Today at the vaccine clinic, a newly-vaccinated gentleman asked me:
Why don’t anteaters get sick?
Because they’re full of anty bodies.
You’re all welcome.
I was volunteering in the clinic’s waiting area, where those who’ve already had their shots hang out for 15 minutes to be sure they aren’t having any severe reactions. (These reactions are extremely rare).
This meant my new friend and I had time to share quite a few more bad awesome jokes before it was time for him to go.
Me Q: When does a joke become a dad joke? A: When the punchline becomes apparent.
Him Q: Why was the scientist’s hair wet? A: Because he had a brainstorm.
Me Q: What do they call Darth Vader when he’s nervous? A: Panickin’ Skywalker.
Him Q: What do you call fake spaghetti? A: An impasta.
Me Q: What did the mama buffalo say to the baby buffalo on the first day of kindergarten? A: Bye, son.
Him Q: What did the Atlantic Ocean say to the Pacific Ocean? A: Nothing. It just waved.
Me Q: What happened when the red boat crashed into the blue boat? A: They were marooned.
All in all, a successful shift.
I’ve been volunteering at this clinic, in a non-medical role, since mid-February. During that time, I’d guesstimate that I played some small role—directing traffic, checking people in, verifying which vaccine they’re receiving, handing out information, telling bad jokes—in 1000 vaccinations, give or take.
So much has been beyond all our control this past year. But this is something concrete I can do, and I’m grateful to be able to do it.
It’s been more than a year since I last believed in normal.
A year since the ordinary spring afternoon when we left our jobs and our schools behind for the weekend, not understanding, yet, that on Monday we wouldn’t return.
From the start, even as I settled in to remote learning and remote working, I knew, deep down, that this was going to last longer than we were admitting, but I didn’t know just how much longer. A month? A season? Surely by the end of summer, the beginning of fall, we’d be able to get on with our lives.
Summer and fall seemed such a long time to wait, back then. Three months. Six months. A lifetime. There was so much that we didn’t understand. How this new virus spread. How we could stop it from spreading. Whether the entire food supply chain was about to collapse, or whether a few short-term pasta and toilet-paper shortages would be the worst of it.
I learned to wear a mask and despaired as others refused to learn. I met friends outdoors, in socially distant lawn chairs, and worried even that was a risk best avoided. I watched as businesses closed, then opened too soon, then closed again and opened too soon again. It seemed no one wanted to admit that normal wasn’t coming back any time soon.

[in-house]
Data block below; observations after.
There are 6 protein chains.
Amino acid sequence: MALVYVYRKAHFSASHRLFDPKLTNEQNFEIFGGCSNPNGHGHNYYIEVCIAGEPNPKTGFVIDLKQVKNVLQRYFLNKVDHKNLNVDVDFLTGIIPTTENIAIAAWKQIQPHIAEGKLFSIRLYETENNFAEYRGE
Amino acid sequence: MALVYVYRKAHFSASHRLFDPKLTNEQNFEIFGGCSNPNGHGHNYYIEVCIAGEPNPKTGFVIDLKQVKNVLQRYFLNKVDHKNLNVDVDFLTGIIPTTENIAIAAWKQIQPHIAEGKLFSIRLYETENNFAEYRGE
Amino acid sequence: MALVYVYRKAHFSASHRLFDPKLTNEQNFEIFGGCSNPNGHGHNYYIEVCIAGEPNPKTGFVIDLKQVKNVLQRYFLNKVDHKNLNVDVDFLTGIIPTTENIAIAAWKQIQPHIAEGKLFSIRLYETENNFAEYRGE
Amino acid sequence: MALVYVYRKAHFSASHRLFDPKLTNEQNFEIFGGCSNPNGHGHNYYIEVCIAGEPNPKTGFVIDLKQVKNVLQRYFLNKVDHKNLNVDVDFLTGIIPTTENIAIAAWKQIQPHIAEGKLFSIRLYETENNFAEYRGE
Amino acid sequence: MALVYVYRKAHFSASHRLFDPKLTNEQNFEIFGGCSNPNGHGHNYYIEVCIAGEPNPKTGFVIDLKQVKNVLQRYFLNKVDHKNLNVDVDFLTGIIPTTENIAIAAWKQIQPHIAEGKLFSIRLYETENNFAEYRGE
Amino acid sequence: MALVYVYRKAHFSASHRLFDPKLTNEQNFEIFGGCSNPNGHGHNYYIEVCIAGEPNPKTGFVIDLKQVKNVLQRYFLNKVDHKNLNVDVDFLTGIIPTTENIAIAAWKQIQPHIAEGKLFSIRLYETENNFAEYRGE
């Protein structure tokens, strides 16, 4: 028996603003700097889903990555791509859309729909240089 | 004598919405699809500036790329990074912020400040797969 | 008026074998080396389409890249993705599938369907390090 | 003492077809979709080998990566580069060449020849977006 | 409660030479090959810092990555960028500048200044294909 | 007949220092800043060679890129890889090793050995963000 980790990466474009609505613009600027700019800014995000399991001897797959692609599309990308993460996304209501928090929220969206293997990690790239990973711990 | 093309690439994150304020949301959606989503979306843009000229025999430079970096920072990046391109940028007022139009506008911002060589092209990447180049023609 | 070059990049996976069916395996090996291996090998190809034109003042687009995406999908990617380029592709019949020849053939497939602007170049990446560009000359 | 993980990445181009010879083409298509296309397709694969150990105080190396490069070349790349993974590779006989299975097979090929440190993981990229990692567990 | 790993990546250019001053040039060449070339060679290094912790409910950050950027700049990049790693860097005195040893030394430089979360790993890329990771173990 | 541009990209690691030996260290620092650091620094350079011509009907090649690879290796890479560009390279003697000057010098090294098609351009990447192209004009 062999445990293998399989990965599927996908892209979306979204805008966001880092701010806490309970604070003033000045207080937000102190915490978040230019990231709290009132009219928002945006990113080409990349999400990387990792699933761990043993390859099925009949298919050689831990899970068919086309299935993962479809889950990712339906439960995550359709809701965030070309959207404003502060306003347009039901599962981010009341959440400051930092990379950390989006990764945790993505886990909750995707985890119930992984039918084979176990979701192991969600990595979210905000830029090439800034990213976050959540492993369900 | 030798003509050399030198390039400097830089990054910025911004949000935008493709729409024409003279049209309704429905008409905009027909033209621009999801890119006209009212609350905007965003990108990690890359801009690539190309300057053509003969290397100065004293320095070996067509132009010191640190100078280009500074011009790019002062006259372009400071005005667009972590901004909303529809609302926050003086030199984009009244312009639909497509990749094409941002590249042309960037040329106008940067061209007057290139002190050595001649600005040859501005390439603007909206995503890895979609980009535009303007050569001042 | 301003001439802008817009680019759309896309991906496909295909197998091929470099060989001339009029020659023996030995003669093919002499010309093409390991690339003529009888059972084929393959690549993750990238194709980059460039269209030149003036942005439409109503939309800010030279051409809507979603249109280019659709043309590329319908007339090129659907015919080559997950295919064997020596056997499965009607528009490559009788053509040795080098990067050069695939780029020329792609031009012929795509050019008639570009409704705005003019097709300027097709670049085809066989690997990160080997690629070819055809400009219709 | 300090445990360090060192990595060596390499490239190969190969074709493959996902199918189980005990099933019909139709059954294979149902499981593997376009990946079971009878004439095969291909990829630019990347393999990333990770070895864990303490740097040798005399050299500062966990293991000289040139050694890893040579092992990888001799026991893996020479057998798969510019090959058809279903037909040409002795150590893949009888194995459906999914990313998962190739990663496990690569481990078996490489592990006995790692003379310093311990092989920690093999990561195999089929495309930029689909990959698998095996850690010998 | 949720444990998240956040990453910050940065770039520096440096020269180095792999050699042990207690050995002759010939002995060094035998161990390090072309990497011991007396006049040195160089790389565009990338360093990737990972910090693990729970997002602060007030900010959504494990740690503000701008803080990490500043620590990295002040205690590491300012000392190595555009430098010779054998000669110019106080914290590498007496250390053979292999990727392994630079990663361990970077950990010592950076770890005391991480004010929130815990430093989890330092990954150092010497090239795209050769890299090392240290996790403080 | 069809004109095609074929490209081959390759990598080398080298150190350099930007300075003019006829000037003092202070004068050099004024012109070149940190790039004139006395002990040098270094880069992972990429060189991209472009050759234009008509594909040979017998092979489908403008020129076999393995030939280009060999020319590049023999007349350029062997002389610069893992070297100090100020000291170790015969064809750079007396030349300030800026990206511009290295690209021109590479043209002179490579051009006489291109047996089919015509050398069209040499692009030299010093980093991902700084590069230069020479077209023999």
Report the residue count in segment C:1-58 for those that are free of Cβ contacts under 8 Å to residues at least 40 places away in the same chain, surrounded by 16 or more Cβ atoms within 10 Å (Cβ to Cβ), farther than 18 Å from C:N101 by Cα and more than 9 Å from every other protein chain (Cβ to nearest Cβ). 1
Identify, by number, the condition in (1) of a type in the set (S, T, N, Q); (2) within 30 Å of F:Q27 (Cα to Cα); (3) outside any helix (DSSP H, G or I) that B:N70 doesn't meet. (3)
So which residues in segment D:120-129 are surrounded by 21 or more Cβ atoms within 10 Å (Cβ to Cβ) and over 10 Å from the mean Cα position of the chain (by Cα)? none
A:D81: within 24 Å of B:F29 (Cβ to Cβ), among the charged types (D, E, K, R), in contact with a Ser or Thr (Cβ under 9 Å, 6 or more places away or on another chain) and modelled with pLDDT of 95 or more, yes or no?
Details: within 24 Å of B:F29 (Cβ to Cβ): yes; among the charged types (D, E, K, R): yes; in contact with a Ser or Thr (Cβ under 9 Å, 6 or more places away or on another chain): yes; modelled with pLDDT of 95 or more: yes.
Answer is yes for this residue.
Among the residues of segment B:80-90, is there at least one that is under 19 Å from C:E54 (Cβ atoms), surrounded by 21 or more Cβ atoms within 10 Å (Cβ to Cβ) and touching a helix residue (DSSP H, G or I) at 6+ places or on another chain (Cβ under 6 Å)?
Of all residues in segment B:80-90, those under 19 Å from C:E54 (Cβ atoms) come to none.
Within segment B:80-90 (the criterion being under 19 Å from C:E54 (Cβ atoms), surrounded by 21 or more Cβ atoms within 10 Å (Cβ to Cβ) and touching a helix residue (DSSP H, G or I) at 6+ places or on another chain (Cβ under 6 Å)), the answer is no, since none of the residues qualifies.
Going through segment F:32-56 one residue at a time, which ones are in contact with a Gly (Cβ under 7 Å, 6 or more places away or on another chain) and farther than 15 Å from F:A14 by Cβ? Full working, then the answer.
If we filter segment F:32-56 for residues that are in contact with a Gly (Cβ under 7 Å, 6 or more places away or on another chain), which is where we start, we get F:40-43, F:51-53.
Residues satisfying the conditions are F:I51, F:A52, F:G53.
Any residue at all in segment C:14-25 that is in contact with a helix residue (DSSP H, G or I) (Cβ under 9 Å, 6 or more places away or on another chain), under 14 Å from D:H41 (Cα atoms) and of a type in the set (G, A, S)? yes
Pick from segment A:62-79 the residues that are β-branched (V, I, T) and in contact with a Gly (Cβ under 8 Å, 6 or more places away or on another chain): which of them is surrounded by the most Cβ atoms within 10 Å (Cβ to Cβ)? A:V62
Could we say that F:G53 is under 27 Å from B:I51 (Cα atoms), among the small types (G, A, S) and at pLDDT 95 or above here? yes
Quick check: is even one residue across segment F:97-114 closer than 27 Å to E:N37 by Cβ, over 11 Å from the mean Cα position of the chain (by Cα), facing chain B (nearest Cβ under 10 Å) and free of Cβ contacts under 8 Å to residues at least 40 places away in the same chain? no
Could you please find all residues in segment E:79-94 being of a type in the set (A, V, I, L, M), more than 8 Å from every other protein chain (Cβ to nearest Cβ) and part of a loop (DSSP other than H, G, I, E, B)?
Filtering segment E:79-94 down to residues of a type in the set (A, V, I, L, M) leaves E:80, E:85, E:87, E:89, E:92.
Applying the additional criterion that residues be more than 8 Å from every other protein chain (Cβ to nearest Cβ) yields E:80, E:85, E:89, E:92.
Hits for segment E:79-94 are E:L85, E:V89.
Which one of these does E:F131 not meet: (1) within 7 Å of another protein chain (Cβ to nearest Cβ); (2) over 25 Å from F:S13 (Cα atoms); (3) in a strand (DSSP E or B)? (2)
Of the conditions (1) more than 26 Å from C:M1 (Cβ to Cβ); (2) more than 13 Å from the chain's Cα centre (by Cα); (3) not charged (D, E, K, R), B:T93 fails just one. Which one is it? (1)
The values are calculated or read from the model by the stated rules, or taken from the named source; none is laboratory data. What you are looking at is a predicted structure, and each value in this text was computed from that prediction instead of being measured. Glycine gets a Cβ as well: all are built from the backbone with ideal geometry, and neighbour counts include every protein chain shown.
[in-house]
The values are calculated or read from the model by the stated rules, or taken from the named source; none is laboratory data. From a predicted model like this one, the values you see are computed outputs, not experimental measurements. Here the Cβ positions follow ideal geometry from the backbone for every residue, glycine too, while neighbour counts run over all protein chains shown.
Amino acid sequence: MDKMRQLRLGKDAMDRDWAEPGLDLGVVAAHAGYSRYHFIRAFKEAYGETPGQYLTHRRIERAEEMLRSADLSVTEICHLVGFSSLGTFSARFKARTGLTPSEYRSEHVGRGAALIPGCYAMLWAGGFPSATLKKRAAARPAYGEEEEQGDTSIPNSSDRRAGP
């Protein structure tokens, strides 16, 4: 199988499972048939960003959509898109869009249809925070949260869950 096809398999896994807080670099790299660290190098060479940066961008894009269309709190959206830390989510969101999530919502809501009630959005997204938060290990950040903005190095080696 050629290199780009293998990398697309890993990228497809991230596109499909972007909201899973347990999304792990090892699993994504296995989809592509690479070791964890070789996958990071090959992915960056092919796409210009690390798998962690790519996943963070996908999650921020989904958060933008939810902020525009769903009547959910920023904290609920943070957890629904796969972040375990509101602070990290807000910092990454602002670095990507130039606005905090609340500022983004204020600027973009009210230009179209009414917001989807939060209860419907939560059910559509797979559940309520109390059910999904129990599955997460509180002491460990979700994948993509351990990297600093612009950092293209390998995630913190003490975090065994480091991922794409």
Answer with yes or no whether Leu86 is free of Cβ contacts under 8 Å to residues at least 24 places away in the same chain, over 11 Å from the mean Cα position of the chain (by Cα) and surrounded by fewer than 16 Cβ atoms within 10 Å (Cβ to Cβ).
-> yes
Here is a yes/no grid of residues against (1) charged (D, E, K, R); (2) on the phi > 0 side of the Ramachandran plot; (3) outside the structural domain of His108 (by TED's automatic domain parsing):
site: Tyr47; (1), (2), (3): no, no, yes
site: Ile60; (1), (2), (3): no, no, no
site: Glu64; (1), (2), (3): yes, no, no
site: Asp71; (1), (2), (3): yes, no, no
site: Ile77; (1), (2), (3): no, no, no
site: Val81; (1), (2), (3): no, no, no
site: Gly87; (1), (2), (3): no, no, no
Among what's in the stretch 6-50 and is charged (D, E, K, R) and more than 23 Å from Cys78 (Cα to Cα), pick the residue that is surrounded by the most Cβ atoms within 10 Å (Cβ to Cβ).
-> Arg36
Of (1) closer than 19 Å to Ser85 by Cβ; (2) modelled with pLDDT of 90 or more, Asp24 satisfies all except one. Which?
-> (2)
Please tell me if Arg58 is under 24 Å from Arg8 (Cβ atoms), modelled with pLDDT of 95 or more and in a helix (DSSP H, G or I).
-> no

I watched as the cost of that denial came to be measured in human lives. Thousands. Tens of thousands. Hundreds of thousands. I watched as too many people kept eating out, kept gathering with family, kept talking vacations, all for no better reason than that they’d always done these things before and couldn’t bear to live without them.
I’d always done these things and couldn’t bear to live without them, either, but somehow I lived without them anyway.
It wasn’t enough. Those who followed the rules still died because of those who ignored them. There was no longer any such thing as an action that affected only the person taking it. Everything we did now affected everyone around us, affected strangers we’d never meet, affected our entire community. That’s how pandemics work.
That’s how life works. It’s just that when everything seems normal, some of us have the luxury of forgetting that, some of the time.
Maybe normal was always an illusion. But illusion or not, too many people kept insisting on doing too many things, just to prove that no one could tell them which things to do. Our Covid numbers rose, then fell, then rose again and just kept rising.
Time blurred. A blistering, wildfire-fueled Arizona summer. An autumn overwhelmed by more remote learning. A careful, careful return to learning in person.
An election. A riot. A transfer of power that no one called peaceful, because free and fair elections had become one more thing to deny in spite of the evidence.
A winter spent feeling angry and helpless, despairing that it didn’t have to be like this. But it was like this, and nothing I did could change the fact.
When the first vaccines came, months and years ahead of schedule, I should have felt hope, even joy. But I was suspicious of hope by then, and scarcely dared believe in it. If this was hope, it was literally in short supply, anyway, as hope too often is.